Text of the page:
After Madam Speaker gets up, she is taking us to lunch, so before I eat my lunch, I want to know. So, I plead with you, let us go to the Closed Sitting before we hear the speeches. [Uproar.] The speeches should be the last thing we should take.
Madam Speaker 12:45 p.m.
Hon Members, let us rather hear the speeches and then go into Closed Sitting.
Dr A. A. Osei 12:45 p.m.
Madam Speaker, the speeches are supposed to make us excited about our lives, but the speeches cannot cure that deficit we have.
Madam Speaker 12:45 p.m.
What do the Leaders think?
Dr A. A. Osei 12:45 p.m.
Madam Speaker, unless the speeches are going to speak to the point.
Madam Speaker 12:45 p.m.
Let us hear from the Leaders. Leaders, at least, you could brief the House if you know something.
Mr Avoka 12:45 p.m.
Madam Speaker, we know that we have the benefit of the press and other people in the Gallery. So, let us take the speeches from the Leadership -- [Interruption] -- Then after that when we clear the Gallery, we can then have our Closed Sitting. If we have to clear the Gallery now and have the Closed Sitting and after that invite them for the closing ceremony, I think that is very cumbersome.
So, I would plead with Hon Members that, as we have them now, let us finish with our normal business and then have our Closed Sitting. You are already aware we are going to pass information to you;
it is not going to be a debate. We are just passing information how far we have gone and that does not require us clearing the Gallery, having a Closed Sitting and then inviting them to come back for this closing ceremony. I do not think that would inure to the benefit of everybody. We are going to unduly harass our Parliamentary Press Corps in the Gallery.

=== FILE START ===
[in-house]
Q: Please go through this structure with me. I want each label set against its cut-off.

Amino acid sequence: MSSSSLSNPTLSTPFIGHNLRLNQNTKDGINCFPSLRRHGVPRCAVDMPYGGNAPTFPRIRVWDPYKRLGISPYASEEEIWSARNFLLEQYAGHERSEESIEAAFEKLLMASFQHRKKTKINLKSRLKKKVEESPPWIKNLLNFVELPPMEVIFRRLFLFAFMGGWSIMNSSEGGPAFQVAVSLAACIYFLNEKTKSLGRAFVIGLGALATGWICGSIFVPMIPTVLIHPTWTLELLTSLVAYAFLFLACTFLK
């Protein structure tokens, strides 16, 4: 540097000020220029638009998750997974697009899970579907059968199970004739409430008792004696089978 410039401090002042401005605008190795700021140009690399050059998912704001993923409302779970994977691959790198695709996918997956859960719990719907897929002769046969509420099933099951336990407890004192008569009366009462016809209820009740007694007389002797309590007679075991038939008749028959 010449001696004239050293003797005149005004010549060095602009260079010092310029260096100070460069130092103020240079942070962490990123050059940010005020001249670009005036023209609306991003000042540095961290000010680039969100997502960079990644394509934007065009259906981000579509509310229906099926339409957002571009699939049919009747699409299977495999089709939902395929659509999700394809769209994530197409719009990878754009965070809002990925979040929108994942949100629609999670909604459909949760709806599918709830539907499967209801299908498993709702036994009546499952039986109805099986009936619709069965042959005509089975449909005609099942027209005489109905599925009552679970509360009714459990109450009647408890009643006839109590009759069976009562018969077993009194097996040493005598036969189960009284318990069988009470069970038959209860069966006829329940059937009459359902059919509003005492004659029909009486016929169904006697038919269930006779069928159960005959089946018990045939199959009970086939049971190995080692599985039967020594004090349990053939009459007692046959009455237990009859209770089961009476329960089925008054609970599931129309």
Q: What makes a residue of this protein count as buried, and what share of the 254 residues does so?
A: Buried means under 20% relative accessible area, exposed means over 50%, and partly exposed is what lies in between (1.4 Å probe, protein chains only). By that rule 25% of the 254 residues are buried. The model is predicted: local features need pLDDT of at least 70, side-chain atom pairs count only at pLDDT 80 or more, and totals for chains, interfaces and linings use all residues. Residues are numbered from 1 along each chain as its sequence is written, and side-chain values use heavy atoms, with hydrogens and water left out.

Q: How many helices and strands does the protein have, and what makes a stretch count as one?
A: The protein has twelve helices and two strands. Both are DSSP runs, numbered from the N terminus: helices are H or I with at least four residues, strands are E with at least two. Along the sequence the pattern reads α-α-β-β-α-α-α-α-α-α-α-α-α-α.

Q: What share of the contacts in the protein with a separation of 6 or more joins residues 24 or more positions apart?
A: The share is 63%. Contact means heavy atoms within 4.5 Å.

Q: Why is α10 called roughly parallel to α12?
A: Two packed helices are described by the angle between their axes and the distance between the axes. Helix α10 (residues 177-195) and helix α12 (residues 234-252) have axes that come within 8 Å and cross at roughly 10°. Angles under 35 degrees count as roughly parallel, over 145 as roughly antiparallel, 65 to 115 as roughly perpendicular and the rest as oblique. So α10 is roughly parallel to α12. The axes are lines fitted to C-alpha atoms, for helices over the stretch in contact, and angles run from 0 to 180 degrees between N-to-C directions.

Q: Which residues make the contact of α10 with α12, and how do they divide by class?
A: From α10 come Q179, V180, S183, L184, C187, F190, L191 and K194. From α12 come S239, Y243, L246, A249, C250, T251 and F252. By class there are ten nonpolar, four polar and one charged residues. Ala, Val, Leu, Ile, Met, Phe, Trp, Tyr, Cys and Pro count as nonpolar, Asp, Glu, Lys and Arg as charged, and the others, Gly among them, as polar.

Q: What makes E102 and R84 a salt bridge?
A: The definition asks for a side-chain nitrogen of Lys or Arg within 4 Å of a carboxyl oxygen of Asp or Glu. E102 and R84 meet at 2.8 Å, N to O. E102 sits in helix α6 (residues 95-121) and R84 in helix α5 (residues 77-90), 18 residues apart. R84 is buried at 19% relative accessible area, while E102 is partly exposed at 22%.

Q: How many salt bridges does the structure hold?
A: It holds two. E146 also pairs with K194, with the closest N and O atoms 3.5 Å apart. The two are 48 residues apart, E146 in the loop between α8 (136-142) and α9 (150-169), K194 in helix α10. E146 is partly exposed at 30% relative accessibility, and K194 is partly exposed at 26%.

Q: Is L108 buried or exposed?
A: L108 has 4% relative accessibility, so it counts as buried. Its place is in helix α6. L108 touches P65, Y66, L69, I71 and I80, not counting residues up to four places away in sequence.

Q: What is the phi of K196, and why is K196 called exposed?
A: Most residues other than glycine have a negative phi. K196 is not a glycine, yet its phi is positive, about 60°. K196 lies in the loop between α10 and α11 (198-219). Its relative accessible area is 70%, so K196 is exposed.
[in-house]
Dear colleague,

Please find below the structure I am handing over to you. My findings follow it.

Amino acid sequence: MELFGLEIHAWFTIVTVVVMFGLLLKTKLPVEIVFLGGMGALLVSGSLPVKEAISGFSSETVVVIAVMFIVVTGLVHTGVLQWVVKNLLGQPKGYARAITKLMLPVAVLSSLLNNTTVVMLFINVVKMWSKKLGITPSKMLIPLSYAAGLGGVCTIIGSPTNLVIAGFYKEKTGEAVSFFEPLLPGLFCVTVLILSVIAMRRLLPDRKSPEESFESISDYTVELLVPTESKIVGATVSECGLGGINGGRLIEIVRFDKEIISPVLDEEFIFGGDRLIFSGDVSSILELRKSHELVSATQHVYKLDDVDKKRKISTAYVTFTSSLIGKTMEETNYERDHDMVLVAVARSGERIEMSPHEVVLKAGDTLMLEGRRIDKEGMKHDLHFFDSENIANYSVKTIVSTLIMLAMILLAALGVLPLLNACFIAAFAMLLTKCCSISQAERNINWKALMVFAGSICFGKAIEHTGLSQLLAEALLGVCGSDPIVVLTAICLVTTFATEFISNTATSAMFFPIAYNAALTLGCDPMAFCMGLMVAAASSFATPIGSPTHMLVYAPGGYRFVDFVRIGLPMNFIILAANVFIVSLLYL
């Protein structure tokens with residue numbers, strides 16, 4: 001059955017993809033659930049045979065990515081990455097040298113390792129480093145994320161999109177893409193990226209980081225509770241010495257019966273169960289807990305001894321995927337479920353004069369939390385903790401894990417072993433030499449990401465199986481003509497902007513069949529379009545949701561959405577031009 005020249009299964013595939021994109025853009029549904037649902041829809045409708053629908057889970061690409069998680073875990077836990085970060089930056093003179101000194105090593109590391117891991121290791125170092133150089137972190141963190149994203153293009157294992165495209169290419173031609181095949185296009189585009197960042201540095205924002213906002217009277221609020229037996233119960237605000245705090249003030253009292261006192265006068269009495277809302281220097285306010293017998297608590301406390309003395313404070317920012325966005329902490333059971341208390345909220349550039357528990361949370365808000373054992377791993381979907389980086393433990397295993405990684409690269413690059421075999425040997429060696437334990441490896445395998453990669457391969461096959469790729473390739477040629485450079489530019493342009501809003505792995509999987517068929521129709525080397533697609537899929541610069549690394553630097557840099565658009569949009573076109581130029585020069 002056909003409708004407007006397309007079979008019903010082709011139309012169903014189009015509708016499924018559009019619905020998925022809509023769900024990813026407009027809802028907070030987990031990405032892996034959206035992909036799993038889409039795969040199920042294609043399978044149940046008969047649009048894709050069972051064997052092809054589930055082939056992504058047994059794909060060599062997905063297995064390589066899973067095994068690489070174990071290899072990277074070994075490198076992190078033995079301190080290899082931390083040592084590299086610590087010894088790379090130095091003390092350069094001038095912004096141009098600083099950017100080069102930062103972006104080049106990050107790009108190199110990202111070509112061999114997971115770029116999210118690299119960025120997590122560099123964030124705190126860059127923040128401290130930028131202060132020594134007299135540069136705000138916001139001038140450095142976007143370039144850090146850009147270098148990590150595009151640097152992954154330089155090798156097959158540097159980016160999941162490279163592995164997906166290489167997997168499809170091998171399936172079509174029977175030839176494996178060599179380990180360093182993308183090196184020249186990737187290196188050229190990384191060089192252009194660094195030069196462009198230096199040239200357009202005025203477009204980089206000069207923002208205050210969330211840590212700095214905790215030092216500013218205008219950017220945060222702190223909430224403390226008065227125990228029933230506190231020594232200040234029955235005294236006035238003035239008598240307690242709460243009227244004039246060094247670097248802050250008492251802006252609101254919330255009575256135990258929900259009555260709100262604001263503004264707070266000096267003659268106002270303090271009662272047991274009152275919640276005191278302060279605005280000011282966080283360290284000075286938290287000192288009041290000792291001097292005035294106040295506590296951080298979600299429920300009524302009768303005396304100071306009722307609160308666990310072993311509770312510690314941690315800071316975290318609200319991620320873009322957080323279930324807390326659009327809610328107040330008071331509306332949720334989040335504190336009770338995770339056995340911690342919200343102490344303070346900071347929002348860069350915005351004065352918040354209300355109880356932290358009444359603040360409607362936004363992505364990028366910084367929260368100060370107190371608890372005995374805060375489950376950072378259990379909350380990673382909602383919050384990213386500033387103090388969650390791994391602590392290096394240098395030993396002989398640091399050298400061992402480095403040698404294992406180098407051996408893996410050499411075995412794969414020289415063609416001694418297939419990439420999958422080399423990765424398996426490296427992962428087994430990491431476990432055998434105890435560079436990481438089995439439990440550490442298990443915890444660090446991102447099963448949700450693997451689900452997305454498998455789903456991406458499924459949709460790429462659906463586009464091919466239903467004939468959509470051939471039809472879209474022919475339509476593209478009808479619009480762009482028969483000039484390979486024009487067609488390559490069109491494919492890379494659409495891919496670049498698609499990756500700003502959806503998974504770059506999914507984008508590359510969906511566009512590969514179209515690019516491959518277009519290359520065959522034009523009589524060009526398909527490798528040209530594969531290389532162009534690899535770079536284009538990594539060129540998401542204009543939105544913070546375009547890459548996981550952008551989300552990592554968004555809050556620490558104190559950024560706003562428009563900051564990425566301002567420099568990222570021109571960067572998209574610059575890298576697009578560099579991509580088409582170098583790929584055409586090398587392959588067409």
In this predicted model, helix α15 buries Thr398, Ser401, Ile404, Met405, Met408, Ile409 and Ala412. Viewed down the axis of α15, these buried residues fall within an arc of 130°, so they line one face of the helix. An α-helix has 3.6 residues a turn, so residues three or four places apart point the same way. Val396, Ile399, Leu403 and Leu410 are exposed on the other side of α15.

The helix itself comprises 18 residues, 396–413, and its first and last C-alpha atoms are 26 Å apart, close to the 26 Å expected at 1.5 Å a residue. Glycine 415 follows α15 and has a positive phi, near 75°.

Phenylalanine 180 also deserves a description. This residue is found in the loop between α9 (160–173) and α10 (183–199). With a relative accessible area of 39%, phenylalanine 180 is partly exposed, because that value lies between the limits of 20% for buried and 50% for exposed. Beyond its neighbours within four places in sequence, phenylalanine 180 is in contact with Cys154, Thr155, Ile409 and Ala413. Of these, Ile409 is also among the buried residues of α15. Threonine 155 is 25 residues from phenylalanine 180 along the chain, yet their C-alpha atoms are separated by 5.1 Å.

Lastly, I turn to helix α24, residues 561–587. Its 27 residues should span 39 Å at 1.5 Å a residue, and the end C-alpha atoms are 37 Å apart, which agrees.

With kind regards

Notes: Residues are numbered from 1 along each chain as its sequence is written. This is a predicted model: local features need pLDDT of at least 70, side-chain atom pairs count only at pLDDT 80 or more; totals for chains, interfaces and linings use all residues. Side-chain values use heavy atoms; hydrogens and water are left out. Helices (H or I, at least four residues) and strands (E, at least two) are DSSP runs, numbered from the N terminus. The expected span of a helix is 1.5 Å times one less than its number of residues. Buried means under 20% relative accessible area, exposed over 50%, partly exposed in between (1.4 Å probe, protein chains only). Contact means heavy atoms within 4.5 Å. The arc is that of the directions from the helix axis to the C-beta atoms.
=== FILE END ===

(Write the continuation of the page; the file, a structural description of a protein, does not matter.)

So, I would plead that we can use the next twenty or thirty minutes, have the business done and close and we can then have the Closed Sitting and sort out our personal matters. That is the advice I will give.
Madam Speaker 12:45 p.m.
Hon Minority Leader, what do think? Now, the question is, do we have our speeches before the Closed Sitting? Do we have the Closed Sitting, then followed by speeches? We can do it together. We can close the Sitting but because we want the speeches to be recorded and that is why I think in good faith, let us make them.
We are all in this room, then we will have the Closed Sitting quickly and we are informed of what is happening. But if we close for everybody to go, nobody will hear what the Leaders are going to say.
Dr A. A. Osei 12:45 p.m.
Madam Speaker, on a point of information. What is closed about the Sitting? Because by the time we finish with the Closed Sitting, the information is out there. [Interruptions.] That is the fact. So what is closed about the Sitting? We should blame ourselves; we are all part of it. So there is nothing secret.
Dr Matthew O. Prempeh 12:45 p.m.
Madam Speaker, I sympathise with my beloved Leader that we should finish with the speeches. Madam Speaker, if the Leadership had done the work they were supposed to do long before we came
yesterday, and when we came yesterday, they had informed us, would this have arisen? No! So, Madam Speaker, last days are dangerous.
Ms Cecilia A. Dapaah 12:45 p.m.
Madam Speaker, thank you for giving me the opportunity to contribute.
Madam Speaker, for some of us, this is our last day and the issue at stake is so important that we have a Closed Sitting and discuss what we are talking about. It is no secret. I believe those who misreported that we were on strike, they had it wrong.
But at least, what is as stake is so dear to our hearts on both sides that we cannot pretend not to agree with the suggestions being made, that there should be a Closed Sitting, we discuss the issue and then come back and beautifully listen to the speeches, Madam Speaker. This is because I have been reading my Bible and I would want to leave a quotation with my Hon Colleagues; Ezekiel 21 verse 27. I believe when we go home, we should read it and read Psalm 23 as well.
Alhaji Fuseini 12:45 p.m.
Madam Speaker, thank you for giving me an opportunity to add my voice.
Madam Speaker, on this occasion, I have to, with respect, disagree with Madam Speaker and my Leader. I think that the matters so raised yesterday and today are so critical; they are very critical.
Indeed, in 2009, we were given our End of Service Benefit (ESB) and letters were written to us and to the bank, telling us that we should not touch those moneys. It was an embarrassment for people who had already cashed those moneys. That is why it is critical that we know our fate before we take the speeches.